With a change of regime comes many changes in personnel. As such, there will be plenty of training-camp battles to watch as new head coach Joe Philbin takes the reins of the Miami Dolphins for his first offseason.
There are so many battles to choose from, between the quarterbacks, wide receivers, offensive line, secondary and more. But which battle will carry the most intrigue and bear the closest watching this offseason?
To debate and discuss, we welcome in our go-to Dolphins voice, Bleacher Report featured columnist Alex Miglio, who can also be found on Twitter and my personal favorite stats website Pro Football Focus.
Alex, take it away!
You are throwing me a softball.
Of course, the most intriguing camp battle will be between Lauren Tannehill and the Miami Dolphins cheerleaders!
Incumbent Matt Moore did a fine job last season, but a new coaching staff and offense have him starting from square one. Considering the only time he's won a camp battle was against heir Jimmy Clausen, he is in for the camp battle of his life.
Garrard may be 34 and coming off a whole year off due to back surgery, but he has looked good in practice thus far, and he might actually be better for the West Coast offense than Moore.
Of course, we cannot discount Mr. Lauren Tannehill here—Philbin has said the competition is too close to call, in part because he has looked pretty good himself. It probably helps that he knew the offense going into OTAs.
You're onto something with the quarterback camp battle, and while that will draw a lot of intrigue from fans and media alike, I'm looking at the battle at wide receiver with a longer eye than the quarterback battle.
Whether he wins it this year or not, the throne has Tannehill's name embossed in the gold trim already. Whoever sits in it this year, if it's not Tannehill, won't be there long.
Oh yeah, they're also looking to replace 82 receptions, 1,214 yards and six touchdowns of production left behind by wide receiver Brandon Marshall, and although they won't be doing it with a "true" No. 1 receiver in that mold, they'll be looking for a group of guys who can get open and act as the No. 1 option on any given play.
At separate times, different receivers have set themselves apart. Omar Kelly of the Sun-Sentinel indicated that Roberto Wallace, Davone Bess and Legedu Naanee were the best receivers at minicamp. Armando Salguero of the Miami Herald pointed out that Clyde Gates was a focal point of minicamp, and said Wallace and Brian Hartline stood out.
The varying reports indicate to me that flashes of potential are occurring up and down the wide receiver depth chart. Now, someone just needs to sustain that flash into a beacon of light for the 2012 season.
We've seen plenty of underrated receivers succeed in Philbin's offense, and with so many unknown receivers with potential on Miami's roster, the battle is wide open.
Indeed, there will be a battle royale at receiver. It was assumed that Brian Hartline would ascend to the No. 1 role. I still think he will, but it will not come without a fight.
It's really nice that we are getting positive reports for so many different receivers from different beat reporters, but I do not put too much stock in glowing reviews from OTAs or minicamp. Receivers will have a particularly different experience when they have to beat cornerbacks, and that is going to be the real rub during training camp and the preseason.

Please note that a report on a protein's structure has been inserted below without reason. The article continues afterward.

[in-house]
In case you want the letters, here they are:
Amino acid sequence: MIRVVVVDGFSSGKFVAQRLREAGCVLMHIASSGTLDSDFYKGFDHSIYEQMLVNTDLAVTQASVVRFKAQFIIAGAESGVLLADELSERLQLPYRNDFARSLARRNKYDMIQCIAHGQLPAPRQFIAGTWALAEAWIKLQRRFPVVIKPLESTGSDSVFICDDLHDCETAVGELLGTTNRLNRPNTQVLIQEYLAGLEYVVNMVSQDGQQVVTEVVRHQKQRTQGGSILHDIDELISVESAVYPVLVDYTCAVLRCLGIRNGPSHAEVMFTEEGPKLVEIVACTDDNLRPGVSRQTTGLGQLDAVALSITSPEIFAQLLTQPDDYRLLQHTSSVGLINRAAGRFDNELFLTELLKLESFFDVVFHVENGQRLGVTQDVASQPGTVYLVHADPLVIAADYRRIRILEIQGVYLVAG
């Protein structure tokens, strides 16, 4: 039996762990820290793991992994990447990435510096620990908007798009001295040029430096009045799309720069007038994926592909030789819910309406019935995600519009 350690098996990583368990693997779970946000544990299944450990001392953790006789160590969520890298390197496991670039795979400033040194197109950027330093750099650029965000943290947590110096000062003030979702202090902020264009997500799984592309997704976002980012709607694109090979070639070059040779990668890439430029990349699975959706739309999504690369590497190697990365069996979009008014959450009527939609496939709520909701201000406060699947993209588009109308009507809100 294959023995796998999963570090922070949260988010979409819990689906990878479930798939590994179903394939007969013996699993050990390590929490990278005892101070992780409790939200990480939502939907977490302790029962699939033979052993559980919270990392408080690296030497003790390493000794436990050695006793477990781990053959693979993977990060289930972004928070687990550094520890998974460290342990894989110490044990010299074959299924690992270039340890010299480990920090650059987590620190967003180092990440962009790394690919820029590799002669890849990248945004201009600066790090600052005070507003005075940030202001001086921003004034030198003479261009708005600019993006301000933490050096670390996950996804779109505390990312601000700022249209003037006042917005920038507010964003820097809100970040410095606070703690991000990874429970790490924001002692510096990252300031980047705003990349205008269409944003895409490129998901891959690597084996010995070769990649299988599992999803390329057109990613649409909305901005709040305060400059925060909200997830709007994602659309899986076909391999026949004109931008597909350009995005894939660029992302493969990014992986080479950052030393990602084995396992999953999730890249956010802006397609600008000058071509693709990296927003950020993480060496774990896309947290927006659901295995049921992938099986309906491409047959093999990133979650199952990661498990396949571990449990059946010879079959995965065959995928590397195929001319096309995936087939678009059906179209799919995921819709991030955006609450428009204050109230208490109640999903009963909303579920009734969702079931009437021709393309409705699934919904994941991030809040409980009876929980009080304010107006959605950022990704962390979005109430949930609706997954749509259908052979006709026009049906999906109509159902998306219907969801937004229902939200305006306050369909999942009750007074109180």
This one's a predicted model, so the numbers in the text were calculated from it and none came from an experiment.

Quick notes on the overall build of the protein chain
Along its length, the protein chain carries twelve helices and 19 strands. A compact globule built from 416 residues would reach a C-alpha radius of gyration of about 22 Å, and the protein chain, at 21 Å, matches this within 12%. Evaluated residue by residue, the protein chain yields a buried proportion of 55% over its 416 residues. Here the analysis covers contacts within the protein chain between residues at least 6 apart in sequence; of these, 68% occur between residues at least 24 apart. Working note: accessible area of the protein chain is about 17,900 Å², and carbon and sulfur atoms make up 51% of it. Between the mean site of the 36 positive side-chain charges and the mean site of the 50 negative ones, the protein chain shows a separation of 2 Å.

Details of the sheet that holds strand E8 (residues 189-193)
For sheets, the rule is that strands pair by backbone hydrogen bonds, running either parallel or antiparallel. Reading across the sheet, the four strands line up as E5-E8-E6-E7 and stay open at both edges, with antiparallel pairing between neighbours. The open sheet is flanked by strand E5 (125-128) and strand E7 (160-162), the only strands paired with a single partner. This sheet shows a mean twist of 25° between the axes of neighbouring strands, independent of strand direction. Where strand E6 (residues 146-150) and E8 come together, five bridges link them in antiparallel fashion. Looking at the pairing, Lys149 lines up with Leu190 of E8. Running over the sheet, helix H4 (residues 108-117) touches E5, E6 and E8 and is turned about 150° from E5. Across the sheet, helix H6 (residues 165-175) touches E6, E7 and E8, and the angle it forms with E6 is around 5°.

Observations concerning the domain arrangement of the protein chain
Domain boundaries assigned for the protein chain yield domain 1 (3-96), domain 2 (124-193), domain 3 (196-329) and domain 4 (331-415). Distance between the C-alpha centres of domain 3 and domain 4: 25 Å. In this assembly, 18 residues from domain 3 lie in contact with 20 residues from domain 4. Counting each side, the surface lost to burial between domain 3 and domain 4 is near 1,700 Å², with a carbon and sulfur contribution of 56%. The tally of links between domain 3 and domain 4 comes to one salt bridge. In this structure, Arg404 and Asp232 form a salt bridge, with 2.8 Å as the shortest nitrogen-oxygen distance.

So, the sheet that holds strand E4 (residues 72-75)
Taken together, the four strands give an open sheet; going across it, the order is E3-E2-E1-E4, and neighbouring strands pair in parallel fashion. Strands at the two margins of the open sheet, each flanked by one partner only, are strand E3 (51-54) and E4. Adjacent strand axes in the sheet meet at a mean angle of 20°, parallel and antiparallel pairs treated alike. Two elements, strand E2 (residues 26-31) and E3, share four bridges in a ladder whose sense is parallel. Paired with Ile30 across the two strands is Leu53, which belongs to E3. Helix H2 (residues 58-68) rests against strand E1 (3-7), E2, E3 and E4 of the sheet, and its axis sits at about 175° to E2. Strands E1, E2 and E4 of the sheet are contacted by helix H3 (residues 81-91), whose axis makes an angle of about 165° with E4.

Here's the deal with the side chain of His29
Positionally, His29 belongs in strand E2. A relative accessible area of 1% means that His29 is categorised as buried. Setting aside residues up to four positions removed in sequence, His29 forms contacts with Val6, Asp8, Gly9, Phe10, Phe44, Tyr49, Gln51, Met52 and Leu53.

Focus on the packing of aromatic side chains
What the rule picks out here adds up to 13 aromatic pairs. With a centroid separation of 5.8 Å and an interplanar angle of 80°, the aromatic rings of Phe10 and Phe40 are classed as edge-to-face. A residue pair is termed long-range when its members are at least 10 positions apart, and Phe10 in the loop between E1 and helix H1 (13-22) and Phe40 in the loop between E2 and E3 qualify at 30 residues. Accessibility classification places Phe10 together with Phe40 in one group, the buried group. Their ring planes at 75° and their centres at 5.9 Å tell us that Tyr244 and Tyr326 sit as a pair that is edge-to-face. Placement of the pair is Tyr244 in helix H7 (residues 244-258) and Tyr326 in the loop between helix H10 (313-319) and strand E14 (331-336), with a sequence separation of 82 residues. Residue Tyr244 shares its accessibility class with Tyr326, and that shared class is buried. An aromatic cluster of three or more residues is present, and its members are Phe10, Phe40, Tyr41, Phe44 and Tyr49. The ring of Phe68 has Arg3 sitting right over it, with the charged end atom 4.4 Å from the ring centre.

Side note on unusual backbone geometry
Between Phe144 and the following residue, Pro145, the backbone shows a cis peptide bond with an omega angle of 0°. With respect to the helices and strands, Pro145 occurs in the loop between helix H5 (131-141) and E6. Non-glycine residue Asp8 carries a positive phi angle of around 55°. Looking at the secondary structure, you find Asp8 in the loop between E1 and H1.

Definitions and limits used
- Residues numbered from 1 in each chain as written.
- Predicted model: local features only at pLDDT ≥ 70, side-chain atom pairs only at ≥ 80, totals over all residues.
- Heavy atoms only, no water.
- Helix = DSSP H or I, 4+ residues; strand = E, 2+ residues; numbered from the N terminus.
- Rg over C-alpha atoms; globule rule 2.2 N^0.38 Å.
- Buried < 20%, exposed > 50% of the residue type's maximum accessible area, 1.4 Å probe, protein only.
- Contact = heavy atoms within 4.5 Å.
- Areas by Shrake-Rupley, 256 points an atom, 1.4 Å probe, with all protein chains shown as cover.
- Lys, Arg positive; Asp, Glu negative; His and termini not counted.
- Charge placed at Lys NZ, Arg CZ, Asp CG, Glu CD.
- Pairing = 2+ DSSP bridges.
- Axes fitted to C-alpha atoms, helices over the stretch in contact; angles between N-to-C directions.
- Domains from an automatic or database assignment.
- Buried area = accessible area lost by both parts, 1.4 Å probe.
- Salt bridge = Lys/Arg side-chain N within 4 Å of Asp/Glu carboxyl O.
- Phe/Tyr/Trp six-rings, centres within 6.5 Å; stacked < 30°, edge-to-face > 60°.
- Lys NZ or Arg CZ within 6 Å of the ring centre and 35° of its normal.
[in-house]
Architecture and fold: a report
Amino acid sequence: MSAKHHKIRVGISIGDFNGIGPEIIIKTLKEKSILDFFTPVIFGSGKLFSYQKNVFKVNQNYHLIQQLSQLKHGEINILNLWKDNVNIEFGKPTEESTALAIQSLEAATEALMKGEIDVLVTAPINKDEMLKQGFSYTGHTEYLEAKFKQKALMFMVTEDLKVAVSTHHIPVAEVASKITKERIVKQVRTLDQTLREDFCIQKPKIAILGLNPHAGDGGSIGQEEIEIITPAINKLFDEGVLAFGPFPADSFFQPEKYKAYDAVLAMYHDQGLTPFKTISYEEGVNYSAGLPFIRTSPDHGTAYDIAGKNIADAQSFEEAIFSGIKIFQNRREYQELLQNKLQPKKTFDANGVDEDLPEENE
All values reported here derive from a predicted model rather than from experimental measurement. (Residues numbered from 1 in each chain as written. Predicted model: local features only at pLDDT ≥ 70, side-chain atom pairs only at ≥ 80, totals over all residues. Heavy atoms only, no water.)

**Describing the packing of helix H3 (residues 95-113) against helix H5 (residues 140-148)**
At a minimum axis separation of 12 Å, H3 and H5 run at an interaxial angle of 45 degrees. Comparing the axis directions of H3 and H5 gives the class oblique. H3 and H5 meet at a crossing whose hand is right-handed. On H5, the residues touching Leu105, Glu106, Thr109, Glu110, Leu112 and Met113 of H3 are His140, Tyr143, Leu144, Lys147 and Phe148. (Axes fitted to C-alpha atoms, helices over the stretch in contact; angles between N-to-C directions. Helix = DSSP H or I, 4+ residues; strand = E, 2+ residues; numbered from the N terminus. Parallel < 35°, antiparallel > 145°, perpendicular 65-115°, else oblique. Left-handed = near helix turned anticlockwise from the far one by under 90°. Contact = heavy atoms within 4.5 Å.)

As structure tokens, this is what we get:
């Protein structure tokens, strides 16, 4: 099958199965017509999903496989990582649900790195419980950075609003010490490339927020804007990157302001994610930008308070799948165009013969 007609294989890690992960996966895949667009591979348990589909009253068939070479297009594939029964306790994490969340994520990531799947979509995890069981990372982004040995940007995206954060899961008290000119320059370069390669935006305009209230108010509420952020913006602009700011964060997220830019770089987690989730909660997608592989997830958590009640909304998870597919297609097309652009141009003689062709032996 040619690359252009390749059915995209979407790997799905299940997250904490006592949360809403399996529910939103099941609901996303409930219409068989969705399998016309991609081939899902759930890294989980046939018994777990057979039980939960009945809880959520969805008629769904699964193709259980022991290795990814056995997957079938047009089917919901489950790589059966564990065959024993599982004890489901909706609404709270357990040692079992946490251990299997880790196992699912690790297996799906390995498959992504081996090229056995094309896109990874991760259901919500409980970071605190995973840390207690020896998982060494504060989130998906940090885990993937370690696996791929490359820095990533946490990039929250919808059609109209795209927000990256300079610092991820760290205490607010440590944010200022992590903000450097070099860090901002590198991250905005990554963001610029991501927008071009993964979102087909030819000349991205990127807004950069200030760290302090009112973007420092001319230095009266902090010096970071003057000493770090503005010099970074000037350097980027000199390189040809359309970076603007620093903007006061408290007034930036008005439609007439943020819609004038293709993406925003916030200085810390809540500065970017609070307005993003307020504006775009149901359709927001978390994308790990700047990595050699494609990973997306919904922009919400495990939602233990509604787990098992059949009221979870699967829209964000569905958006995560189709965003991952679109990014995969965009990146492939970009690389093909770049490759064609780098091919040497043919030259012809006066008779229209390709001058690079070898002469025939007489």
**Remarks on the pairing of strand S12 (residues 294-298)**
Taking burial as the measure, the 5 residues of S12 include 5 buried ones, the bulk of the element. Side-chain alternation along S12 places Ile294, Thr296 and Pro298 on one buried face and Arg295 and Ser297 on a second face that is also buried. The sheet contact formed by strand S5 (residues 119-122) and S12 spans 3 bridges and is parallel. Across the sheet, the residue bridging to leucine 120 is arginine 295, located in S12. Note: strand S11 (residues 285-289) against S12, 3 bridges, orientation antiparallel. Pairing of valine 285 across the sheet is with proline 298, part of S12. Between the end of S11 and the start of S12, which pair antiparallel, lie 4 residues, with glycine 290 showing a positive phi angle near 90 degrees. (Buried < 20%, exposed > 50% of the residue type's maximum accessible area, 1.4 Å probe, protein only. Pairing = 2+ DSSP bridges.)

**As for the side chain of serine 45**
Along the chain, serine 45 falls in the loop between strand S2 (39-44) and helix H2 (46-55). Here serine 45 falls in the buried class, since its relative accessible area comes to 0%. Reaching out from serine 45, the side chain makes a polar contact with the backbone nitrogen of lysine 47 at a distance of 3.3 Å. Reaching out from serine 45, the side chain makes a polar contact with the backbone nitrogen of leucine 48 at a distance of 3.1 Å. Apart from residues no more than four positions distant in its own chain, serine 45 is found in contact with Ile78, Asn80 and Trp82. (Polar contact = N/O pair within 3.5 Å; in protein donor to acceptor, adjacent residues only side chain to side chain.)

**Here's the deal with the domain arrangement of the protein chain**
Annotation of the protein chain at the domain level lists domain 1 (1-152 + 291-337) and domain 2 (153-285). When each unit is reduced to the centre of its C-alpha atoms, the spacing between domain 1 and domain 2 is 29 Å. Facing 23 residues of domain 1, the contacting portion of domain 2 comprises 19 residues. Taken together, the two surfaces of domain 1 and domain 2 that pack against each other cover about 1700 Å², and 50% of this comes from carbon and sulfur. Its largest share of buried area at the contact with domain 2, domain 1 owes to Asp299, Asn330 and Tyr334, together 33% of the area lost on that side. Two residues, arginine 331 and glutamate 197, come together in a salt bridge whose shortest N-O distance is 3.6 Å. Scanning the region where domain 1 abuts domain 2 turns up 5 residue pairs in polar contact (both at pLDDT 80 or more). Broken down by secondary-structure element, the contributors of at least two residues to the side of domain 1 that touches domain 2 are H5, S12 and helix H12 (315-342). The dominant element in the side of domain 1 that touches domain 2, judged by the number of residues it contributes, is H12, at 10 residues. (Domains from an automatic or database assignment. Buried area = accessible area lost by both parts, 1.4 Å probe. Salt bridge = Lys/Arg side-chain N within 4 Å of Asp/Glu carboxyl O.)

Will any of these receivers be able to set themselves apart?
This is Hartline's golden opportunity. Bess has always been an underutilized receiver, but he might be perfect for this offense. Gates has been a disappointment thus far, but how much could we expect from a raw fourth-round pick? Naanee might look good in practice right now, but he was the worst-rated receiver according to Pro Football Focus last year.
Granted, Ochocinco's presence may be more about Hard Knocks than anything else, but he will be given a real shot considering the state of affairs in Miami's wide receiver corps.
Ah, yes, how could I forget Ochostinko, the guy who couldn't pick up the Patriots playbook and had to take a pay cut to even get an invite back to OTAs—and even that wasn't good enough to get him to training camp.
The Dolphins have so much young talent on the roster that it would almost be a shame if Ochocinco earned significant playing time. Is he going to be an answer for the future or for the present?
But getting back to the quarterback battle, that one will ultimately be just as important as the one at receiver.
It will be up to whoever wins there to get the ball to those receivers, but it goes deeper than that. If one of the veteran quarterbacks wins the job, it will be on them to help get the receivers up to speed on the ins and outs of the offense as well as of being a receiver in the NFL. They'll be setting the stage for what Ryan Tannehill is working with for the beginnings of his career.
If Tannehill wins it, it will be up to him to quickly get on the same page with those receivers and to play within the offense, getting the ball to open receivers and minimizing mistakes.
The training camp battles at both quarterback and receiver will set the tone for the offense for this year and future seasons.
As I have said for some time now, this is a multi-year rebuilding process for the offense. It would not surprise me if the receiving corps was overhauled after this season if nobody emerges.
Hopefully the camp battles will be settled sooner than later, though. The sooner we get some clarity on the depth charts, the sooner the chemistry can truly build between the quarterback and his receivers.
Which battle will be the most intriguing?
Absolutely true, and with that, I think our debate has come to a close.
Thanks so much for joining me, Alex, and we'll definitely link up again soon.
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